Secular Variations in Objectively Defined Climatological Seasons in the United States
Stenger, Philip, Environmental Sciences - Graduate School of Arts and Sciences, University of Virginia
Macko, Stephen, Department of Environmental Sciences, University of Virginia
Statistically significant increases in lower tropospheric and surface temperatures have been reliably documented over the period from the mid-1970s to the present. Many questions have been raised regarding the effects these increases may already have had on a variety of climatological factors. This thesis investigated the potential effect of global and continental scale temperature increases on the timing of the climatological seasons, based on records from 30 locations of varying characteristics in the contiguous United States. To accomplish this, Summer and Winter were defined by the warmest/coldest 91-day periods within each year (across calendar boundaries for winter). The resulting objective seasons were analyzed for secular trends of season start dates and season mean temperatures across the period 1974–2017. Additional relationships investigated included objective seasons compared to fixed season temperatures and analyses broken down by station characteristics. Mixed results were obtained from these analyses regarding statistically significant (α=0.05) relationships, except for the consistently close relationship between objective and fixed season temperatures. As would thus be expected, most stations showed significant secular temperature trends (upward) in the objective seasons. Despite the paucity of significant results regarding secular trends in the objectively defined seasons, the objective season development in this work opens the door for additional investigations regarding other relationships and effects with early or late onset of winter and summer, as well as the implications for shorter or longer transitional seasons.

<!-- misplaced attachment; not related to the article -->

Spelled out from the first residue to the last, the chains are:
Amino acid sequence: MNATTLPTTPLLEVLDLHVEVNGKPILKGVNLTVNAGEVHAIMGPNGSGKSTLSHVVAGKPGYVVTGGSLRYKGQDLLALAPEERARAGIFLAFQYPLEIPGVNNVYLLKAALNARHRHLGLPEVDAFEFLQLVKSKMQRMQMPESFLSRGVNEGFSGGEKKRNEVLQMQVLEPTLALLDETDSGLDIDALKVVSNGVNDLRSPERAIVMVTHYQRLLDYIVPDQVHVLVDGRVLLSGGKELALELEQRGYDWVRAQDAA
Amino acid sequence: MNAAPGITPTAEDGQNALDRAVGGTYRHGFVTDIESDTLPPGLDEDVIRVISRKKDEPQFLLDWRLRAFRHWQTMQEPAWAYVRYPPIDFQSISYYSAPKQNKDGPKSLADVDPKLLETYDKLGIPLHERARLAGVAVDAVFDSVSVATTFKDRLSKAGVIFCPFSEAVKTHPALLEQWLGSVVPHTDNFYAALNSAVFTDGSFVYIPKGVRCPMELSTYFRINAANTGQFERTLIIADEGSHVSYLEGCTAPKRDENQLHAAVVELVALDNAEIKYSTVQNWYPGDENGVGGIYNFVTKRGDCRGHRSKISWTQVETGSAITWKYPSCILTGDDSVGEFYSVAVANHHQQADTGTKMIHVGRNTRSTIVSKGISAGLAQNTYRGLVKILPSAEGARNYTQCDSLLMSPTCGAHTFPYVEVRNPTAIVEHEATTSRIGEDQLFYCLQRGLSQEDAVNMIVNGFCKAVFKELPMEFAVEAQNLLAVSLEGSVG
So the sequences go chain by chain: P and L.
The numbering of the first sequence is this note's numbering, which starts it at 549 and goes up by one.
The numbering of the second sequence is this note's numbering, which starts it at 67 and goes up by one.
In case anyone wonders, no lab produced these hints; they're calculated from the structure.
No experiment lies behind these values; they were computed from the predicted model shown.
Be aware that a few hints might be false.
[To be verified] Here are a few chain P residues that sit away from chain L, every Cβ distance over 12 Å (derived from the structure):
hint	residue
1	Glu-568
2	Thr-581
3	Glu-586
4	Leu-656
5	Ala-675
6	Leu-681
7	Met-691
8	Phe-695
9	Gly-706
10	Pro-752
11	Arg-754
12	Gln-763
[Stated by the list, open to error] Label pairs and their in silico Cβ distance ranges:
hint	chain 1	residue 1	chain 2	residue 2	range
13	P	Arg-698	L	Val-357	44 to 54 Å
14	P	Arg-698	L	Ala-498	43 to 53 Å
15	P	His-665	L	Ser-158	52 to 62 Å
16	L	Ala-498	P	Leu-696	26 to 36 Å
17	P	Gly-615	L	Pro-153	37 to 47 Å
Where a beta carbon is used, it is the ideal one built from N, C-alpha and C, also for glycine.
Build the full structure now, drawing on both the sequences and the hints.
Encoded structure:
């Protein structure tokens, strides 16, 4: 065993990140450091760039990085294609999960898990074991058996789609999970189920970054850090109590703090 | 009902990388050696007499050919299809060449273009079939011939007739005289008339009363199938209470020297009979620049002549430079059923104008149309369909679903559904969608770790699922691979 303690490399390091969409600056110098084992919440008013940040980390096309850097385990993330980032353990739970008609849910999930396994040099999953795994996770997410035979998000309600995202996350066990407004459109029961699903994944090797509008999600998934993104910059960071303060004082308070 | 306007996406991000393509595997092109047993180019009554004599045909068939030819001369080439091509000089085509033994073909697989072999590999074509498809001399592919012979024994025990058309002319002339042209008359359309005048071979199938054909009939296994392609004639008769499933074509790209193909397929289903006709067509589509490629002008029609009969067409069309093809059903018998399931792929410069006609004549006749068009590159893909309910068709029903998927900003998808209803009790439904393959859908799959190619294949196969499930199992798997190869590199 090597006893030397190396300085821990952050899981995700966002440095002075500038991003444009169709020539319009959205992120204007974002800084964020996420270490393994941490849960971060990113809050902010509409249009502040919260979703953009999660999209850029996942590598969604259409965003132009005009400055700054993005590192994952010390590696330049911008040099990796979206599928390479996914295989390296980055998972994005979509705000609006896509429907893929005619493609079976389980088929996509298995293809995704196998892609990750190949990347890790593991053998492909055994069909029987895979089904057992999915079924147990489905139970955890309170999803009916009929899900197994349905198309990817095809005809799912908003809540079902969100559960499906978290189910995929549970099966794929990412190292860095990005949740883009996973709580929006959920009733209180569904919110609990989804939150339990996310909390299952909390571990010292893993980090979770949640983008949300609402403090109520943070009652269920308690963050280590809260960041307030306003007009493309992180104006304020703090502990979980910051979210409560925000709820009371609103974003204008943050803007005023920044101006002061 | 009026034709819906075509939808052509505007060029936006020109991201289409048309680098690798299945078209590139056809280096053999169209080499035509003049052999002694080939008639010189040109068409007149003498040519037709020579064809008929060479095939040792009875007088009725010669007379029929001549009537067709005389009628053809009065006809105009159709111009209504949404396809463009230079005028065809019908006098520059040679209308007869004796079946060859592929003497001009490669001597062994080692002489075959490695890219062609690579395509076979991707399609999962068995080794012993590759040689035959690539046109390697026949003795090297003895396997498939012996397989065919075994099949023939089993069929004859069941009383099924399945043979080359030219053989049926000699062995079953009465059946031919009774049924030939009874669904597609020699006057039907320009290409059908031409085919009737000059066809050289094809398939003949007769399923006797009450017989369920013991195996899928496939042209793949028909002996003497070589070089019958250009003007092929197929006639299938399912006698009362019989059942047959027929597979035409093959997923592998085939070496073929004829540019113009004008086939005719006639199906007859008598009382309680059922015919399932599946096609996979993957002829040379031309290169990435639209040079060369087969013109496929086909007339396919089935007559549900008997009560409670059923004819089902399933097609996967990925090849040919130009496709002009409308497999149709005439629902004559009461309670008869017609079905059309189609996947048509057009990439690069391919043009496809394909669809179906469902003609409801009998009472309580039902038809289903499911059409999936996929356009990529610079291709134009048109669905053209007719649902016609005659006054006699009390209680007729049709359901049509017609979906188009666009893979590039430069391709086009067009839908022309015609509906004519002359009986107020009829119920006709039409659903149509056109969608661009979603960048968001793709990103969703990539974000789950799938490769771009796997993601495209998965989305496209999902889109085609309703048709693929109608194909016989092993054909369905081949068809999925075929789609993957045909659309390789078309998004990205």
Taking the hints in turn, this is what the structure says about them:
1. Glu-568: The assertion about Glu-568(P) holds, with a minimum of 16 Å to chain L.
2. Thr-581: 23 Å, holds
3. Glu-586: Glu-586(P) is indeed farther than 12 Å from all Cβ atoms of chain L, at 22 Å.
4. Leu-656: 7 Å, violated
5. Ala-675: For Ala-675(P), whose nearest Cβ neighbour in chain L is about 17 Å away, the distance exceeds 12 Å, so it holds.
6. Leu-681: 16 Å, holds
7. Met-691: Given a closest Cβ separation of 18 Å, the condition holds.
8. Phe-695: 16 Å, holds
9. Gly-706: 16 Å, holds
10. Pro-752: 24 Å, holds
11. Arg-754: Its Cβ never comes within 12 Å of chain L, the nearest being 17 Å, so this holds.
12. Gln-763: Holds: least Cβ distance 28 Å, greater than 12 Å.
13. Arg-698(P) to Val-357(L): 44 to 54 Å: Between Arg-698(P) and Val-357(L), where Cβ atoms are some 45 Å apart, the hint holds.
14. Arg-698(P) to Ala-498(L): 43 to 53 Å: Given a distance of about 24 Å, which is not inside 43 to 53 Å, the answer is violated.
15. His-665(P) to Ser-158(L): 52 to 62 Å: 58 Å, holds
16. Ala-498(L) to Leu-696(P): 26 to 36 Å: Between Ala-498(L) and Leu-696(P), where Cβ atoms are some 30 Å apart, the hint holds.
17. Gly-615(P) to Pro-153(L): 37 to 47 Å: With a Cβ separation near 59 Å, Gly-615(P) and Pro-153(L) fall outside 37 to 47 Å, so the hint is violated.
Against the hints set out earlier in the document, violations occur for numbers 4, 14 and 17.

MS (Master of Science)